DFM Engineering, Inc.
1035 Delaware Ave. Unit D
Longmont, CO 80501
Phone: 303-678-8143
Fax: 303-772-9411

Installing the Emory 24-Inch Telescope


The Installation Schedule:

There were significant difficulties with the telescope pier and dome which were apparent immediately upon our first look at the dome on Friday afternoon (9/27). The architect and building contractor had conspired to place a corner of a concrete elevator shaft such that it intruded into the dome directly behind the telescope pier and interfered with the telescope structure by almost 5 inches.

(Maybe because the elevator shaft didn't interfere with the pier, nobody had realized this was a problem. Regardless, the all important Sunday crane day was canceled.)

We worked with the Physics machine shop personnel over Saturday and Sunday to modify our sole plate and their pier to work around the problem. The physics shop machinists were extremely motivated, well equipped, and skillful.

The solution left the telescope 6 inches North of where it should have been in the dome, and we were able to modify our dome control algorithm software to compensate. The pier and sole-plate modifications were accomplished successfully.

The crane was rescheduled for Tuesday night because Emory couldn't close the road on a week day. We explained to Dr. DuVarny that we had never done the crane work at night, but we felt it would not be a problem.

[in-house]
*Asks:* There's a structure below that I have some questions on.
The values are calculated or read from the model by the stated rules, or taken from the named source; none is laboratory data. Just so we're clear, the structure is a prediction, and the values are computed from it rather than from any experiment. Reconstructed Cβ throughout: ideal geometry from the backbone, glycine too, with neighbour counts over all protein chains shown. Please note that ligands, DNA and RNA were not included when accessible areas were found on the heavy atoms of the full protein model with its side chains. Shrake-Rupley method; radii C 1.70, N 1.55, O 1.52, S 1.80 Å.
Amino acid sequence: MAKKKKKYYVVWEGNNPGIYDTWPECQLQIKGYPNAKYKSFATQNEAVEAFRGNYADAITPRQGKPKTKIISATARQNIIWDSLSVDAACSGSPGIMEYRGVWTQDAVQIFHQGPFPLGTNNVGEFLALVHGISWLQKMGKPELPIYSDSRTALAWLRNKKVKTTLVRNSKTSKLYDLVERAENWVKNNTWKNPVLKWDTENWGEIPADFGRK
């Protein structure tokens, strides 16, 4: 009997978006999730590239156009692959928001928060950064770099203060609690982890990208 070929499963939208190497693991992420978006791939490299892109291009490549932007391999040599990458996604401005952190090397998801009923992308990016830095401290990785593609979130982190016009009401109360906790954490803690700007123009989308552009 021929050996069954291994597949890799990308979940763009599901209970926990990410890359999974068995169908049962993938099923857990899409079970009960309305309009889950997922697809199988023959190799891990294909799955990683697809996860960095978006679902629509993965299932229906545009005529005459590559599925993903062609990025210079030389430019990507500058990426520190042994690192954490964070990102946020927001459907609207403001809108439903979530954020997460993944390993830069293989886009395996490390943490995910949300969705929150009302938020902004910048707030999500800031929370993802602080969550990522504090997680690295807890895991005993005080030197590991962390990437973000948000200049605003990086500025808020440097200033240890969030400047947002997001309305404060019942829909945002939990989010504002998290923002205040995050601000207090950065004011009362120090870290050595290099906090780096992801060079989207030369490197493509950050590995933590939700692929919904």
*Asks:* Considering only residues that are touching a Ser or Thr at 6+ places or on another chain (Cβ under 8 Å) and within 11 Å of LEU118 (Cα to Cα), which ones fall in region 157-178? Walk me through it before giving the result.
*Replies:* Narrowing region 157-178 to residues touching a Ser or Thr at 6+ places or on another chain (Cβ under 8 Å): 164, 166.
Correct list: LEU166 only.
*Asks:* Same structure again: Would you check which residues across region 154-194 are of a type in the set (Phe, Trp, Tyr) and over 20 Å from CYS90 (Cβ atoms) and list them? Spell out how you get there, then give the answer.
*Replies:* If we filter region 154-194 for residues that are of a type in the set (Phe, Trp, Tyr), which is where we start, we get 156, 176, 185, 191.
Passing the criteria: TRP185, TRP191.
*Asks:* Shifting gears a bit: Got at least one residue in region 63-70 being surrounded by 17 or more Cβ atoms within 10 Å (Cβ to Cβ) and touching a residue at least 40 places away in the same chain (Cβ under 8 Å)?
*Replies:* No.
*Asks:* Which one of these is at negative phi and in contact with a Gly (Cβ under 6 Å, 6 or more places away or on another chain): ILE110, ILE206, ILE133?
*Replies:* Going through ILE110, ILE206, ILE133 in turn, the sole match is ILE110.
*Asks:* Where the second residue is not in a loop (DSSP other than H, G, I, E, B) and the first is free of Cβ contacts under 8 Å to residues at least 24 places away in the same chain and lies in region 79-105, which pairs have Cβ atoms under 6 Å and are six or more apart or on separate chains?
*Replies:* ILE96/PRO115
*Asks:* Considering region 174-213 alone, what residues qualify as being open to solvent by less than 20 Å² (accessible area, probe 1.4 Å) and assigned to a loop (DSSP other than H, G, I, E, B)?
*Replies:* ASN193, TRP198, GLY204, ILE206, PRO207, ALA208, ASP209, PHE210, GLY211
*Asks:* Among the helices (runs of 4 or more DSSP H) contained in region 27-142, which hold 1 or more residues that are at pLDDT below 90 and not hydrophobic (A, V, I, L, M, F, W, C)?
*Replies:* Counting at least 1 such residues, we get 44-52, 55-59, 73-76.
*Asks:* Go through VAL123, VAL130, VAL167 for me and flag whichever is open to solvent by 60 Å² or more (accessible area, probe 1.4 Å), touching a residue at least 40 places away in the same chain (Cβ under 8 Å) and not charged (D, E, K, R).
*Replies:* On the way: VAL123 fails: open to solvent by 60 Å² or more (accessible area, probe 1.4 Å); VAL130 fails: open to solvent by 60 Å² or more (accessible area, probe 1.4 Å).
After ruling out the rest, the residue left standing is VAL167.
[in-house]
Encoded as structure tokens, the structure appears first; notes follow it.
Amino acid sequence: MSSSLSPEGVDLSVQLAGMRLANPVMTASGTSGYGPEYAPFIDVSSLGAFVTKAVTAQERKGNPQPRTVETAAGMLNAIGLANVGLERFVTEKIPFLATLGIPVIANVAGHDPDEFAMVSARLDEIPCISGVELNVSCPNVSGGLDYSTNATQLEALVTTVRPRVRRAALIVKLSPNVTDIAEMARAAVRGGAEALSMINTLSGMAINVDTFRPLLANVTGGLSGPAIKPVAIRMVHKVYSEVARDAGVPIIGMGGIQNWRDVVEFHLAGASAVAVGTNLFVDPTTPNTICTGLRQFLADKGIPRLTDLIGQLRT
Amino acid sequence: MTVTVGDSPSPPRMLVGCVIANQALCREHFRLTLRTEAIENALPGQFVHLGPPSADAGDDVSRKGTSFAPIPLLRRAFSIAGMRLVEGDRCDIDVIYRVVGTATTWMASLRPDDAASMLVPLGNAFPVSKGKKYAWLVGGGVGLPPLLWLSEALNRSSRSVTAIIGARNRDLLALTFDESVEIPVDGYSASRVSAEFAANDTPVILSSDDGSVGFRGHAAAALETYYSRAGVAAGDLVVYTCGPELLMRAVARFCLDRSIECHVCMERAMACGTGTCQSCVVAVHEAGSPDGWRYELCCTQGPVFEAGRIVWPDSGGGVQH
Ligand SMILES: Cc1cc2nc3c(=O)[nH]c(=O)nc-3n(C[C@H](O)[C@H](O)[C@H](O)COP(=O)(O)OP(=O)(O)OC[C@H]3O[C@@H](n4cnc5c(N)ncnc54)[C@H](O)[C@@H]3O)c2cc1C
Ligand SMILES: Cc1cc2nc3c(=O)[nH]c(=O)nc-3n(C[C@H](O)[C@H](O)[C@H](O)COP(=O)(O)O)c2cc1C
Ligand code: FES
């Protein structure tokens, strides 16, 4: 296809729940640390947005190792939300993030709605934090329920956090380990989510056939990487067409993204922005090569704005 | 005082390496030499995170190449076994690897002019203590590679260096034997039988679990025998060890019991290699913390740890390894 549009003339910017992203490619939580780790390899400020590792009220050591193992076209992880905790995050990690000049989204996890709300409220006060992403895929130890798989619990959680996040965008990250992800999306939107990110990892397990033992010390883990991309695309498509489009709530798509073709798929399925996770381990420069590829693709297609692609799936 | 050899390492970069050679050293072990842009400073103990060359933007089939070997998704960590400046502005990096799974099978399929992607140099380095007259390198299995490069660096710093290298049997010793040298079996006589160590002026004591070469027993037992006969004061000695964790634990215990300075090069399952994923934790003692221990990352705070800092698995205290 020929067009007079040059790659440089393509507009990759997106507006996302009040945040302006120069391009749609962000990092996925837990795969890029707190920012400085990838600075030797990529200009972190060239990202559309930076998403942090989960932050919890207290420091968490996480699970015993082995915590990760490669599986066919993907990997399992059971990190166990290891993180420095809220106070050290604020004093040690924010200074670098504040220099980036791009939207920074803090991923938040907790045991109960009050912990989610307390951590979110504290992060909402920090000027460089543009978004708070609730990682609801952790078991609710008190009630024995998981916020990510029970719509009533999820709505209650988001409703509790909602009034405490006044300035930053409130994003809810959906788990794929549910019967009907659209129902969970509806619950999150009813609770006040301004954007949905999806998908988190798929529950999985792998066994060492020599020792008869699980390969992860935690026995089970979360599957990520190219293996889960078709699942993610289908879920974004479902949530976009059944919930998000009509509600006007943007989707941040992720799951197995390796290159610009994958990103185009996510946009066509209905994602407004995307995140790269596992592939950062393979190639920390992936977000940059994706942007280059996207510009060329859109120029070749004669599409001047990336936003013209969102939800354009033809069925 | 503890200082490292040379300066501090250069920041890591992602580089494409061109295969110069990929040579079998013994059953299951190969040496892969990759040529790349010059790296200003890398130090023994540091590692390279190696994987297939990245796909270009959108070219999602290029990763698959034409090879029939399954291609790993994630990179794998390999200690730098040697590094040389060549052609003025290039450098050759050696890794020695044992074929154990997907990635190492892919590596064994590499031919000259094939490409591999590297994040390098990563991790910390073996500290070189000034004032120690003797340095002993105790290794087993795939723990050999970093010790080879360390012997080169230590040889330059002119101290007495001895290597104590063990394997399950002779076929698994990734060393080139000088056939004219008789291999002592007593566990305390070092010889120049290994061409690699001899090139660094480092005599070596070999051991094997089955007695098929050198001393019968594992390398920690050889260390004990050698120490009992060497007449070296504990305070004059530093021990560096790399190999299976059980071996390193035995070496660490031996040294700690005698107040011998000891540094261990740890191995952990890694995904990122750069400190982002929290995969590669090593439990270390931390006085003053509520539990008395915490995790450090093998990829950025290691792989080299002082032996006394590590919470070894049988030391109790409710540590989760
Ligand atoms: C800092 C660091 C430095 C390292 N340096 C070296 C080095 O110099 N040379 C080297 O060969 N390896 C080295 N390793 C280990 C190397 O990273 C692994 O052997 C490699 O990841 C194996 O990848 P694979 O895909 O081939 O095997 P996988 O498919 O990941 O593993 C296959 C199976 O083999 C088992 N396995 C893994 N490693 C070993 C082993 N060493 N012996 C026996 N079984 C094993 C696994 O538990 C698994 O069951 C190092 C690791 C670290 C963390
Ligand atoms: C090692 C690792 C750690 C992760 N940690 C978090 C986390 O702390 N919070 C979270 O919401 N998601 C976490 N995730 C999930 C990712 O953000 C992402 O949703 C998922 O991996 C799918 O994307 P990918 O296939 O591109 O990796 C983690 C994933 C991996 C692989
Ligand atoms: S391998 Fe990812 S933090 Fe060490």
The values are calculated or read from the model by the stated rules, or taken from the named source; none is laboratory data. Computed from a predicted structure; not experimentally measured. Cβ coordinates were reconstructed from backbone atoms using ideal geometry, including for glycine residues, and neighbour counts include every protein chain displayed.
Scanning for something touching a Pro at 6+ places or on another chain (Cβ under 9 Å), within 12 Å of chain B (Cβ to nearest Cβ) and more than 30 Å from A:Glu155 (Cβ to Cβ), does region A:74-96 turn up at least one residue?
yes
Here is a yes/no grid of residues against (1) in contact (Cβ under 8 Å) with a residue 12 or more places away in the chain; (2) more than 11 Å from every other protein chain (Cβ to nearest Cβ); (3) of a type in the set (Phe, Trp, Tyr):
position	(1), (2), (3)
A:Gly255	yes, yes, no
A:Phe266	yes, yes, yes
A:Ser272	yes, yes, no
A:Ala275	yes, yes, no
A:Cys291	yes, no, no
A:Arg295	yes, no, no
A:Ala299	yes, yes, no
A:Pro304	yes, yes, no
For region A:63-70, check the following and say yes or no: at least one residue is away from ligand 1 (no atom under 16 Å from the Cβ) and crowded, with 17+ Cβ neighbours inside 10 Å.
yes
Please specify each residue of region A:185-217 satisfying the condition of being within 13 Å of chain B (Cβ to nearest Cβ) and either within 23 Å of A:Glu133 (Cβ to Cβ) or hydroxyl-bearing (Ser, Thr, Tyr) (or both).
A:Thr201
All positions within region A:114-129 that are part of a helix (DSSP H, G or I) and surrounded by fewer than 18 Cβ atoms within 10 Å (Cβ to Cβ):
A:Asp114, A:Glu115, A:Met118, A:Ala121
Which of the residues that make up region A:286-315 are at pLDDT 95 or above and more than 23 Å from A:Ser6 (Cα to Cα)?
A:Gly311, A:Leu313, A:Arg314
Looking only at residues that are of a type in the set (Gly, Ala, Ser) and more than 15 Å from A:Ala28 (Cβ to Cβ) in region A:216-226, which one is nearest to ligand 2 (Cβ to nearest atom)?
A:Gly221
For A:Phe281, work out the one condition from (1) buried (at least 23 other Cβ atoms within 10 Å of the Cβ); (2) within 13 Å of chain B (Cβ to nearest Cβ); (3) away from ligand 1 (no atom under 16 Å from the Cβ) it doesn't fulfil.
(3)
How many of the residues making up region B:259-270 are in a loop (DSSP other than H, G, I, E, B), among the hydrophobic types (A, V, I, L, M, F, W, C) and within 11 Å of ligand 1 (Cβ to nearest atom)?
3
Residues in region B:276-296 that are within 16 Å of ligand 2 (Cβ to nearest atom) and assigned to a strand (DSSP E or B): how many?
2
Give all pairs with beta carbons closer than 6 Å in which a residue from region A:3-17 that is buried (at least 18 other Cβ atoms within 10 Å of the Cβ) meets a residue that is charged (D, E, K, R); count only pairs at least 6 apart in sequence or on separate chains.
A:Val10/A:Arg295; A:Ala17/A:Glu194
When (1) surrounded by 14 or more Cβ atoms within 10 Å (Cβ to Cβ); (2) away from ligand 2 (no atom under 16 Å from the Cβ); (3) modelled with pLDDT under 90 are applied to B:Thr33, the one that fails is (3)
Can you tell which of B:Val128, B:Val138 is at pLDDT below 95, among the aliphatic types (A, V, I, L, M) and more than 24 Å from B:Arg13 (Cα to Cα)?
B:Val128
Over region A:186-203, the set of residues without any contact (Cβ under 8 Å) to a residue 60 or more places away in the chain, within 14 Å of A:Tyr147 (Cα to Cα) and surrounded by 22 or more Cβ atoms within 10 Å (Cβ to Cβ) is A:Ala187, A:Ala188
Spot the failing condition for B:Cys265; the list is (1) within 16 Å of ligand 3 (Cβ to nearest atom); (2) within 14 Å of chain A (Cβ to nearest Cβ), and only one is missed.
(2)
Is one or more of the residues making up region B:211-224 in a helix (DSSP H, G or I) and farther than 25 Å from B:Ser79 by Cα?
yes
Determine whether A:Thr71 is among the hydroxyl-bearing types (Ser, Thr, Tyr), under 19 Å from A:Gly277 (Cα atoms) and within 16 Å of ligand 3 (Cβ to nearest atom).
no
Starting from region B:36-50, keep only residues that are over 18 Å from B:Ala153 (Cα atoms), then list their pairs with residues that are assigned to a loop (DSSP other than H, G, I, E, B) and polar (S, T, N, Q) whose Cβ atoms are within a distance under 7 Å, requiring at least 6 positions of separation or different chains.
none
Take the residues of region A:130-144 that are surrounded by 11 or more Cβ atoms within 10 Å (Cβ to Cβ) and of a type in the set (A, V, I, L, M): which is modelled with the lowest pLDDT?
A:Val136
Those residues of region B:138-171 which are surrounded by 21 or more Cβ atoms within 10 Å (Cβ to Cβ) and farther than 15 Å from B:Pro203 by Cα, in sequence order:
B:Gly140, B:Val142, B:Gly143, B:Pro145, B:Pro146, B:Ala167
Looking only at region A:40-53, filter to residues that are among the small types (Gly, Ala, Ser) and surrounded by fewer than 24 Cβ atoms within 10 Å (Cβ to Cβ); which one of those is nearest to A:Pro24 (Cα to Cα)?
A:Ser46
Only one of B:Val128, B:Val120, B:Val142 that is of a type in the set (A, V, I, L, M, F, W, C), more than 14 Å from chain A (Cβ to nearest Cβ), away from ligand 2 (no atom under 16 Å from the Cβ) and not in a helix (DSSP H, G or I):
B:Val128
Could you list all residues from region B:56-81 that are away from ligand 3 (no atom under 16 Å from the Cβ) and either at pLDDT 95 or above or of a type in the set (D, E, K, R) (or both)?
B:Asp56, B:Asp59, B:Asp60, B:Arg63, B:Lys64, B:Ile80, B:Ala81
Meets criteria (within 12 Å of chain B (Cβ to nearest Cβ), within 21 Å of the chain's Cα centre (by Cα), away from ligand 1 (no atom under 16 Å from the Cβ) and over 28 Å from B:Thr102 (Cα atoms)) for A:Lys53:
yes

By helping the college and working with them, we were able to complete the installation of the telescope within the original installation schedule.


The installation was about average difficulty. It was a balmy night in Atlanta and the crane arrived at 8 pm. The road closed at 8:30 and the crane began setting up. We started the lifts at ~10:30 and the last lift was finished at ~1 am.

DFM had a 3 man crew on site: Don Groff, Jack L'Abbe, and Mark Kelley. The crane was huge. It arrived along with a flatbed trailer pulled by a semi-tractor and an auxiliary hydraulic crane to assist in assembly of the big crane. In addition to the main crane driver, there were 4 other crew members from the crane company.

Alignment, testing:
We had just enough clear sky to perform our normal alignment and testing. The fundamental alignment of the pier was very close to true North so the polar alignment went quickly.

Pointing model tune-up was limited by available sky but we achieved 18 arc second RMS pointing to meet our "better than 30 arc second specification". Optical alignment time was very limited but the image production looked good.

Operation training: Emory had a number of extremely motivated individuals who participated in training and they have been having a great time with the telescope since we left.

Customer Satisfaction and Performance Demonstration:
Because the telescope was so well prepared before it left DFM, all of the features contracted just worked when we turned them on. This is the first full sized DFM telescope installed with our new Windows™ based software and the new software was a big success with the customer too.

First Light Images:

The physics faculty, staff, and students at Emory were thrilled!

The department secretary was there for the crane work. Their machinists were there for the lifts and night time testing.

The department chairman, Dr. Ray DuVarney reported that the new math and science building with its observatory and DFM telescope were the culmination of many years of work.


Emory University

Emory University Department of Physics Astronomy

Emory University Department of Physics Observatory